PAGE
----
Music from biosignals

Author: Adam De Pierro

De Pierro, Adam, 2019 Music from biosignals, Flinders University, College of Science and Engineering

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The Music from Biosignals project is an exceptionally large project when considering every feature of the system involved. The system itself can be divided into four main subsections:

Phase 1 – Obtain a biosignal

Phase 2 – Transmit biosignal data

Phase 3 – Process the data

Phase 4 – Play the music

To achieve a greater understanding of the entire project, research was conducted into each of the phases. After conducting a review into the existing literature it was found that people had researched into parts of this project, but nobody had pieced them together as this project does.

Using an online set of ECG data, attention can be initially focused on Phase 4 where MATLAB is used to process the data to create music. The first sounds were basic two-tone patterns which developed into an ascending pattern. The code was refined to give these sounds musical meaning. Understanding the differences in pitches between musical notes and the separations in musical scales, equations can be written, and these sounds can be replicated in MATLAB. The code in this case is designed to monitor the mouse cursor on the screen. As the mouse travels along the screen the pitch increases by the equations used for each scale.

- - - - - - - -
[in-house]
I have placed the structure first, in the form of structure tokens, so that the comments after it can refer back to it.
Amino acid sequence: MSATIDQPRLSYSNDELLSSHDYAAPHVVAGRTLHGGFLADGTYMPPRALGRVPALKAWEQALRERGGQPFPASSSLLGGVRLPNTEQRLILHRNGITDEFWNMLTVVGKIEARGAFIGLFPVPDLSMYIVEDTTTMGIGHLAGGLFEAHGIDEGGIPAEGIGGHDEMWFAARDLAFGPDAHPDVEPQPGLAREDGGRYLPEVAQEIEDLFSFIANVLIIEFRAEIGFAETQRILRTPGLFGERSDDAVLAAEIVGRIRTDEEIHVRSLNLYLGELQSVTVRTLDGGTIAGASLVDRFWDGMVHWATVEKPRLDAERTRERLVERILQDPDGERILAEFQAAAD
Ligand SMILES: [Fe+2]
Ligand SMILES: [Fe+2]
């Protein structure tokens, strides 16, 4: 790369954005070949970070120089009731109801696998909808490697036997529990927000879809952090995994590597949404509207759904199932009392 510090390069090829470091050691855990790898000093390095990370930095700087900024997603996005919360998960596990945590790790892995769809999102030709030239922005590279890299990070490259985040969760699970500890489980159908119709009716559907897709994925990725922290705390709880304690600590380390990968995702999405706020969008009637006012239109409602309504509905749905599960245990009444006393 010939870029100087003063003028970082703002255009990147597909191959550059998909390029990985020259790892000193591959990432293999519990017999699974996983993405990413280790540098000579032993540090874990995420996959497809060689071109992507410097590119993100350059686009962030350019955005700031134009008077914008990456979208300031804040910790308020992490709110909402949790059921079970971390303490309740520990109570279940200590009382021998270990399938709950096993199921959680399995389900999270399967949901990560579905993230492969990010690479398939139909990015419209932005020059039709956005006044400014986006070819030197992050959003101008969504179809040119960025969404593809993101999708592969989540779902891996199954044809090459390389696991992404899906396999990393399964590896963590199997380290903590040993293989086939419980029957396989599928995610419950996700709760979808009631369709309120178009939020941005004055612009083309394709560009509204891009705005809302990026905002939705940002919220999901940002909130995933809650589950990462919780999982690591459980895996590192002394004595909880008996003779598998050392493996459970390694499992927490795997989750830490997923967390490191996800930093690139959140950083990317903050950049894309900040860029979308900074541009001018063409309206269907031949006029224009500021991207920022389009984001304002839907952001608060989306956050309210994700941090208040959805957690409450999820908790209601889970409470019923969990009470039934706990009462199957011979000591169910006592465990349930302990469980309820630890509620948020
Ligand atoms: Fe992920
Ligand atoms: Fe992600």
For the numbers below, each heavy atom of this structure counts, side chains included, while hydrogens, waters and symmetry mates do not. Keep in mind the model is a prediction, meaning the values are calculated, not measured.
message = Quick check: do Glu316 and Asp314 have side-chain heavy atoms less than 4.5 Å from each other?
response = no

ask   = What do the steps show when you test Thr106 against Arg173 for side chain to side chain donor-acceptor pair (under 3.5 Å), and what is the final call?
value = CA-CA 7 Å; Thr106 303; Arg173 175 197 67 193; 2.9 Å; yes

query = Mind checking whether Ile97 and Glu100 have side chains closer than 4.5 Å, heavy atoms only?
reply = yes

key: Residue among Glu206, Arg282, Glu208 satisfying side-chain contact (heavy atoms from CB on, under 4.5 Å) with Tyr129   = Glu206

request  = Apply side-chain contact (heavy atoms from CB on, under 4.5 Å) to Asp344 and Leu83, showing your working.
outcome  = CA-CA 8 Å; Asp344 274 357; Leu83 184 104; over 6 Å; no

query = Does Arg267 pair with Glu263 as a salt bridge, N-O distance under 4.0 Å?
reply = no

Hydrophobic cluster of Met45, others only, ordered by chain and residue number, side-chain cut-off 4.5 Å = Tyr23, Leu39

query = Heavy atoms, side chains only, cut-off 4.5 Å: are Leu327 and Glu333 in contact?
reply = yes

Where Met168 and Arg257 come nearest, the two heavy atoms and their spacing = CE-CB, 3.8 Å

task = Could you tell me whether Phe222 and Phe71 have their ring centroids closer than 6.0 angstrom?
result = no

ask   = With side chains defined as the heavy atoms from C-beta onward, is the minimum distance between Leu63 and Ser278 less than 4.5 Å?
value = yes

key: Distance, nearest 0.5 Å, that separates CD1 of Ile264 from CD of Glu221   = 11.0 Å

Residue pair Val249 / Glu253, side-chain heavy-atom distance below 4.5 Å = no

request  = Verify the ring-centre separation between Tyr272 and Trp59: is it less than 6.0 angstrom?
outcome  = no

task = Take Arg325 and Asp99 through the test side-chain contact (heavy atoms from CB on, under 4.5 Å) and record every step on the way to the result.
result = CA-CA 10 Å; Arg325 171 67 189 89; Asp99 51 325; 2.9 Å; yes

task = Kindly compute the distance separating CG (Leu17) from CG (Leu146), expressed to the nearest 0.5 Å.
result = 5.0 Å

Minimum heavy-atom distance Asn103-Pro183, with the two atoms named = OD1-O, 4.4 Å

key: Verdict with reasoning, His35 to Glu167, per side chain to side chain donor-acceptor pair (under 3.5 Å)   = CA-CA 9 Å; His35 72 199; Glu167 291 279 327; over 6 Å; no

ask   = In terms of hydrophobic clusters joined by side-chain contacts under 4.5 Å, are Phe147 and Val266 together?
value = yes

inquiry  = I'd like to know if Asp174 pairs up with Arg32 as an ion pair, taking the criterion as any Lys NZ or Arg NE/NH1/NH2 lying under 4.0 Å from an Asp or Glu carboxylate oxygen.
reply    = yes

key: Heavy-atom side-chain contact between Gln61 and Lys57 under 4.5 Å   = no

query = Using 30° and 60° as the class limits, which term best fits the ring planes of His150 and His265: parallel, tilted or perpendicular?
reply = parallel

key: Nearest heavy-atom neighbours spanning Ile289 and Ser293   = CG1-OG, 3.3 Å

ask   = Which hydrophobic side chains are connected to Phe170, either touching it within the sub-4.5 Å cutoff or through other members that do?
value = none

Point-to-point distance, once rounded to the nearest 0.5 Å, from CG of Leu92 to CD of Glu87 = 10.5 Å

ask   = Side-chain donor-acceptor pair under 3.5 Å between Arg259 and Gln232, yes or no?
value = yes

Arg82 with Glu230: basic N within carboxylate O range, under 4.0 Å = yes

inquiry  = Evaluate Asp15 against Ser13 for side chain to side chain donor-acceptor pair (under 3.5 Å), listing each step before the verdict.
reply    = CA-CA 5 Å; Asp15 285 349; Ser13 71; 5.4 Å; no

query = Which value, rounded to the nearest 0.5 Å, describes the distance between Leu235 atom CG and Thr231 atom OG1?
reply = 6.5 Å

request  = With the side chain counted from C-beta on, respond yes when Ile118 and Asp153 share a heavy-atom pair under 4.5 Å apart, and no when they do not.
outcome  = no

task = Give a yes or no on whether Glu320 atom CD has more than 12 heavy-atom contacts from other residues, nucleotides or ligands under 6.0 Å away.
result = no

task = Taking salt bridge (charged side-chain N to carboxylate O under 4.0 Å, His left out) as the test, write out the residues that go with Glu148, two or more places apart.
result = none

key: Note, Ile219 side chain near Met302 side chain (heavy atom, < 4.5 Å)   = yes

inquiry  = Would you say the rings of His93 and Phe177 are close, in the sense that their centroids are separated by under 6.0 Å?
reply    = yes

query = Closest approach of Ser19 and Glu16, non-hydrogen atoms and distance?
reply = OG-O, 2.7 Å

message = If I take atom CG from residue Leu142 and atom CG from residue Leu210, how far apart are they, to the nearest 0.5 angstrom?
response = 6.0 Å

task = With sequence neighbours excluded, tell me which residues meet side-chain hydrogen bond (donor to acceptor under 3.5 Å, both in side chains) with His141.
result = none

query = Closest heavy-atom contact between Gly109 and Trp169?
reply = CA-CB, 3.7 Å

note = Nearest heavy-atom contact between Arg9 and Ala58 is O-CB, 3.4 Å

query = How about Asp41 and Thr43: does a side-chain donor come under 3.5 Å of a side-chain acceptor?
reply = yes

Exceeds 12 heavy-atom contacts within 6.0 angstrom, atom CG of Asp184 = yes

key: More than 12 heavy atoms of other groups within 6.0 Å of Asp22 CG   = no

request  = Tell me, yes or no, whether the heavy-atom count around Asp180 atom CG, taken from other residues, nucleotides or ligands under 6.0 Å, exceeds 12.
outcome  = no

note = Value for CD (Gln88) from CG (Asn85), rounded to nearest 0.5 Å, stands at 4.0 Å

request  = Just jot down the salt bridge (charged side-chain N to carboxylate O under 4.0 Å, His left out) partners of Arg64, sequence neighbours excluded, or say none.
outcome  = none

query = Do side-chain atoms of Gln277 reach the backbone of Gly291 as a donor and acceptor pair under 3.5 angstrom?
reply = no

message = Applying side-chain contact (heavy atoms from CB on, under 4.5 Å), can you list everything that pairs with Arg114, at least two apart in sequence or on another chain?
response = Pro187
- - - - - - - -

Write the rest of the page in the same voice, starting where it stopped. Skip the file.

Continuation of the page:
As the project progressed, my focus settled on Phase 2. Initial electronics were investigated to determine how the circuitry should be designed. It was through this research that the MAX30003 chip was found which reads in ECG with no additional circuitry.

With a basic understanding of how the system should work, the on-body PCB could now be designed. There were many different aspects to consider in the PCB design process, all of which I had very minimal experience in. There was an incredibly steep learning curve with this entire process and in particular navigating the Altium Designer program. It was eventually found that this process can be split into four main steps:

Step 1 - Build schematic parts

Step 2 - Design footprints for each schematic part

Step 3 - Route schematic

Step 4 - Layout PCB design

Each step took a large amount of time as I developed a better understanding of the design process and continued to rectify errors as they were encountered. After multiple interactions with Engineering Services at Flinders University to ensure the design worked, in the end there was simply not enough time to fix every issue and manufacture the board.

Although there was insufficient time to properly complete the PCB design it was still an incredibly worthwhile learning experience, and the knowledge and confidence gained can be taken and applied to future PCB designs.

Keywords: biosignals, biosignal, music, ECG, electrocardiogram

Subject: Engineering thesis

Thesis type: Masters
Completed: 2019
School: College of Science and Engineering
Supervisor: Kenneth Pope